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Here Is How Much Safer Small Cars Have Become Over 20 Years

There are some people that are scared of driving a small car, especially on our highways filled with trucks and SUVs. While physics might not be on your side, modern safety features mean that your ability to survive a wreck in a small car is exponentially better than in the past.

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The European New Car Assessment Programme or NCAP, was founded in 1997 to improve the crash worthiness and survivability on all cars sold in Europe. While their tests may somewhat controversial, especially when a car like the Ford Mustang scores only two stars but meets all of the standards in America, the NCAP crash tests serve as impressive chronology on how far safety tech has come.

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If you drove something like a Rover hatchback in the mid ‘90s, you were pretty much toast in a serious collision. However, advancements in crumple zones, structural rigidity and airbags, among other solutions, means that buying a small car is no longer a rolling death trap if the worst-case scenario happens.

Tom is a contributing writer for Jalopnik and runs AutomatchConsulting.com. He saves people money and takes the hassle out of buying or leasing a car. (Facebook.com/AutomatchConsulting)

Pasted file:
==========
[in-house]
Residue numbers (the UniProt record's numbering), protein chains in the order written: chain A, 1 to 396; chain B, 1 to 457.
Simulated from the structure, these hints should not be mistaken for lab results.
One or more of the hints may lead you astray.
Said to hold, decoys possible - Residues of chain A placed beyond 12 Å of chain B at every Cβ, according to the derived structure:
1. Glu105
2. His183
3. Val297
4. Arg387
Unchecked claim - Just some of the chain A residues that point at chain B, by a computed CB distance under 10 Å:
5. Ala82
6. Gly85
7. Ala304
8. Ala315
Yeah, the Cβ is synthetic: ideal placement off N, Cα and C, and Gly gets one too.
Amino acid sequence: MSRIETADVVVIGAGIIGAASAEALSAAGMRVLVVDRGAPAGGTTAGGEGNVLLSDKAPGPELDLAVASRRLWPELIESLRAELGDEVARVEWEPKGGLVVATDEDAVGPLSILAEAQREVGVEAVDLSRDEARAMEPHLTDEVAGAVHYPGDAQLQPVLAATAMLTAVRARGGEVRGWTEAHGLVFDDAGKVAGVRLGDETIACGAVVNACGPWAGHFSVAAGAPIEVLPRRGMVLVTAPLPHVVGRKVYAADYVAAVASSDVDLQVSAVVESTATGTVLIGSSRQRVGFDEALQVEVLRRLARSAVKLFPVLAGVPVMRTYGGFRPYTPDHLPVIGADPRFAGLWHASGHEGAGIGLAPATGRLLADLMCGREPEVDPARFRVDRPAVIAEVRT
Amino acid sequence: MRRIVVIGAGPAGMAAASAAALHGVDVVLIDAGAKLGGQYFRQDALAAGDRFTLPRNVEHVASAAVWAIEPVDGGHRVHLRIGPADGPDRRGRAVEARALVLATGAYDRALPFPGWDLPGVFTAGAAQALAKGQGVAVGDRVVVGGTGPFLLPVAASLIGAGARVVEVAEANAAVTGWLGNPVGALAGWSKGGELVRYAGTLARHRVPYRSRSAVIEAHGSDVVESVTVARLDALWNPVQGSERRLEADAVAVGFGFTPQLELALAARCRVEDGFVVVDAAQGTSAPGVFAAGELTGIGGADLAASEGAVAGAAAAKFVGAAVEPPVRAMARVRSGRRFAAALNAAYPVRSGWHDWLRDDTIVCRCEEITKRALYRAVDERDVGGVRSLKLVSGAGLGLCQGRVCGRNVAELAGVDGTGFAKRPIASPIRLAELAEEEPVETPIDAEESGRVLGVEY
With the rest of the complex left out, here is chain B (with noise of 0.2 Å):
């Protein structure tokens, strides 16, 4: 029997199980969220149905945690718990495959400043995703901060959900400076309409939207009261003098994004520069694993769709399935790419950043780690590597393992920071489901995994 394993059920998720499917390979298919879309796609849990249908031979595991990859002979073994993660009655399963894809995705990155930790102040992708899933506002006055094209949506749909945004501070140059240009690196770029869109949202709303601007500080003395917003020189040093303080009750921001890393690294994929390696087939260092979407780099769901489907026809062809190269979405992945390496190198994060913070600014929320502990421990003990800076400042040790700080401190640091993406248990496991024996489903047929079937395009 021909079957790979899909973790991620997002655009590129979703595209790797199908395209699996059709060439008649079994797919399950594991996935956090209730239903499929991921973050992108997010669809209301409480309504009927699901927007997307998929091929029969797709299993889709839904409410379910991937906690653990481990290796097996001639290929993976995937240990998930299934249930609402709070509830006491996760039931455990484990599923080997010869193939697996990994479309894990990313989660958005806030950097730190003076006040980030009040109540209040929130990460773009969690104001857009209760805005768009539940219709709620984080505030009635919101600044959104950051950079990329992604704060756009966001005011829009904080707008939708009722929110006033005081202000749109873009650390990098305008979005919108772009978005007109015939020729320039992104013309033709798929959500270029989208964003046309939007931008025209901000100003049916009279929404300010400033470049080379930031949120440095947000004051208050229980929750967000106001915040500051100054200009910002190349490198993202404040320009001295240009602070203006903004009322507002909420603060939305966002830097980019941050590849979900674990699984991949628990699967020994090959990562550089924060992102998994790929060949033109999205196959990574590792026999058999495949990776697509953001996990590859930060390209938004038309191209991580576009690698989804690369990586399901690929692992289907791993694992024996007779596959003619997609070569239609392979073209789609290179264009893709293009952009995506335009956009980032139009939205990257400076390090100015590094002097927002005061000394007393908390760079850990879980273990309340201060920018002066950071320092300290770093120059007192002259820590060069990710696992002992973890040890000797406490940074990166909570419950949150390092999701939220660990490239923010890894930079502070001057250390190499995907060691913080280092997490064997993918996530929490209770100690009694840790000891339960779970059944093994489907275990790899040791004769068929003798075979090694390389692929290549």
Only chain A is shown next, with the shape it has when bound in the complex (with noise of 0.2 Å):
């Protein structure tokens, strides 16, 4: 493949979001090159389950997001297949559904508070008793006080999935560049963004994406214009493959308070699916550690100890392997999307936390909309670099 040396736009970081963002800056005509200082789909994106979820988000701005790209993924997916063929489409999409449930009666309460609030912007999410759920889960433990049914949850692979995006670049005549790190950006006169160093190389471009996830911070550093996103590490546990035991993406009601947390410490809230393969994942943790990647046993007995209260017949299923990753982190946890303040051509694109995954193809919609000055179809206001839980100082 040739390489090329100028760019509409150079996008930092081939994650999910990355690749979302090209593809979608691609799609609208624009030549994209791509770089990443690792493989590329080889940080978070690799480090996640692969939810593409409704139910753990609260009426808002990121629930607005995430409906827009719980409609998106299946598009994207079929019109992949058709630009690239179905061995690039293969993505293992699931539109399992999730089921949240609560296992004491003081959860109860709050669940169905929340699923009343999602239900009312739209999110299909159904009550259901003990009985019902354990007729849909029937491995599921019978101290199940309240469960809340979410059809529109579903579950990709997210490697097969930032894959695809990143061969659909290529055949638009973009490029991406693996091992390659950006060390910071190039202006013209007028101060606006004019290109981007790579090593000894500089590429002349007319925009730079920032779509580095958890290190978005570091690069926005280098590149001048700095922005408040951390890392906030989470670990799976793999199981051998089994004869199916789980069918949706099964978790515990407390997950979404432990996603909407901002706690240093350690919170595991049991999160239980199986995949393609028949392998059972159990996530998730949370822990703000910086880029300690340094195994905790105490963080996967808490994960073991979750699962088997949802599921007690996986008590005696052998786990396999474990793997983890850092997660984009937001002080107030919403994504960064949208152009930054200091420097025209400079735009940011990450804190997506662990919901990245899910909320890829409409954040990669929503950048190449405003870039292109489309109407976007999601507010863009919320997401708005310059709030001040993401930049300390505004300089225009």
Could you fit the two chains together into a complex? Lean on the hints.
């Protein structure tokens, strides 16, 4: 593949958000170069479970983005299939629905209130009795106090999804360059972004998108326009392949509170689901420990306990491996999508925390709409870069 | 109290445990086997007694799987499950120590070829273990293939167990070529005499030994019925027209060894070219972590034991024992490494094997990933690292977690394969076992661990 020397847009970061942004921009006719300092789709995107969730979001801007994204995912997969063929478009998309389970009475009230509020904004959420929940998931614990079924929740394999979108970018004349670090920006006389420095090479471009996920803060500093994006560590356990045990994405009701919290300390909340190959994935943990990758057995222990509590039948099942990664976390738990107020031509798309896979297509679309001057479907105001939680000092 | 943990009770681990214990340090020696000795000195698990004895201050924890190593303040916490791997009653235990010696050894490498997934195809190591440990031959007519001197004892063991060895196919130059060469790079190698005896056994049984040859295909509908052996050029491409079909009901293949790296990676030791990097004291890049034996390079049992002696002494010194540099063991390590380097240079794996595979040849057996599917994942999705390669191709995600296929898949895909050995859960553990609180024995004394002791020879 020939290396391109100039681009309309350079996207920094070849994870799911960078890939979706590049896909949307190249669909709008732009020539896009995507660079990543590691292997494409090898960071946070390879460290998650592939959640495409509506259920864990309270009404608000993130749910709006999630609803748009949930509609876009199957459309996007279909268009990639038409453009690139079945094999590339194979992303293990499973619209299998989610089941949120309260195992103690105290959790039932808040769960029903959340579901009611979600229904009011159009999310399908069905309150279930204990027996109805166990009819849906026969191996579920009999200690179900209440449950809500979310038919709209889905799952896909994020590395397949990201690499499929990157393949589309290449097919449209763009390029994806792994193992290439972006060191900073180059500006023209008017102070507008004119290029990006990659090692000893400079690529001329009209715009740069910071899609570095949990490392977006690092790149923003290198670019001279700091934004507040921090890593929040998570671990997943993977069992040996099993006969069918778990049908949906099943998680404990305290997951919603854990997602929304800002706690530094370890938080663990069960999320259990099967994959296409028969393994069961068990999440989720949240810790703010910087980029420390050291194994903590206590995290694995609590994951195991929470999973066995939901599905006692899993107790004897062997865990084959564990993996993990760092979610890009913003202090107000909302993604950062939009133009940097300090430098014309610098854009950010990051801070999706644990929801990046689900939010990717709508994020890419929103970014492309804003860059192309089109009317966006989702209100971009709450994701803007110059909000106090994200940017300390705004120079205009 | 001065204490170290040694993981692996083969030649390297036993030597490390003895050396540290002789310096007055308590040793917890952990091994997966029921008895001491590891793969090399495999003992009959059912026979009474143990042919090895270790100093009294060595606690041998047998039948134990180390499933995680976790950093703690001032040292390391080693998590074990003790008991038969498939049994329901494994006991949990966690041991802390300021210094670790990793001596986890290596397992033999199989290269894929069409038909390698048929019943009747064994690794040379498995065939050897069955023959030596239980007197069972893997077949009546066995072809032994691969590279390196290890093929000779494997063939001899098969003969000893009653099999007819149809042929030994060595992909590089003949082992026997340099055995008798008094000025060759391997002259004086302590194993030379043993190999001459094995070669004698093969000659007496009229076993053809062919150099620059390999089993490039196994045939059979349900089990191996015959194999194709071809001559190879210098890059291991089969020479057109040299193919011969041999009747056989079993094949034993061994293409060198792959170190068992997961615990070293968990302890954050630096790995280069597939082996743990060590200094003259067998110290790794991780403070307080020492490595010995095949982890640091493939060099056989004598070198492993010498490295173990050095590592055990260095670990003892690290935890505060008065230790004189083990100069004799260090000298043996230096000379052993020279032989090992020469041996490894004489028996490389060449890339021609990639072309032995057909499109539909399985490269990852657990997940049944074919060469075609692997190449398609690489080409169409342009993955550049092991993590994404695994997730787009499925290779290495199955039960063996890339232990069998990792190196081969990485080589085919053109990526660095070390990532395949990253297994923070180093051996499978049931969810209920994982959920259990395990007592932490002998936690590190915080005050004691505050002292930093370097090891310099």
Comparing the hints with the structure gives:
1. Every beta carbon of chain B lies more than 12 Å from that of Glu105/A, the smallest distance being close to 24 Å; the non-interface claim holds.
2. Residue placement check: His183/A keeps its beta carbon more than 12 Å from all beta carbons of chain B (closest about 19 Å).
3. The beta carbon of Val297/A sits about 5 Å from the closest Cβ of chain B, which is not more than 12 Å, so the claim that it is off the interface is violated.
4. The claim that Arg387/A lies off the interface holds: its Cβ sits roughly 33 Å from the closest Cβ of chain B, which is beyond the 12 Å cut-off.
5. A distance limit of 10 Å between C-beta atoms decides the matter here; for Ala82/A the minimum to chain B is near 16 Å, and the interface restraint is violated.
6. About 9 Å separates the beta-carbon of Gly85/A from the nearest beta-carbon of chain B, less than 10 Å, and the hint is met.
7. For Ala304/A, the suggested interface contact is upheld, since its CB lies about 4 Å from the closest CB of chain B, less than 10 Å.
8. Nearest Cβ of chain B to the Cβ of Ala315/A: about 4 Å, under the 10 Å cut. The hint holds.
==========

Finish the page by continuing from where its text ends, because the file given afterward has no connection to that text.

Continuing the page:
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DISCUSSION

ranwhenparked
ranwhenparked

That Rover 100 test caused something of a scandal for the company. The car was designed in the late ‘70s and launched as the Austin MiniMetro, then facelifted a few times.

It got a very heavy facelift to become the 100, and despite being obviously at least a full decade past its prime, Rover/BMW were counting on it continuing to sell into the early 2000s, since that was the earliest they expected to have a replacement ready.

As it was, the old thing still managed to make it into the top 10 or top 15 on the sales charts very late in its run. That crash test changed everything, sales plummeted and the car was quickly discontinued in a cloud of bad publicity. It was one of several factors that caused BMW to rethink their investment in Rover Group.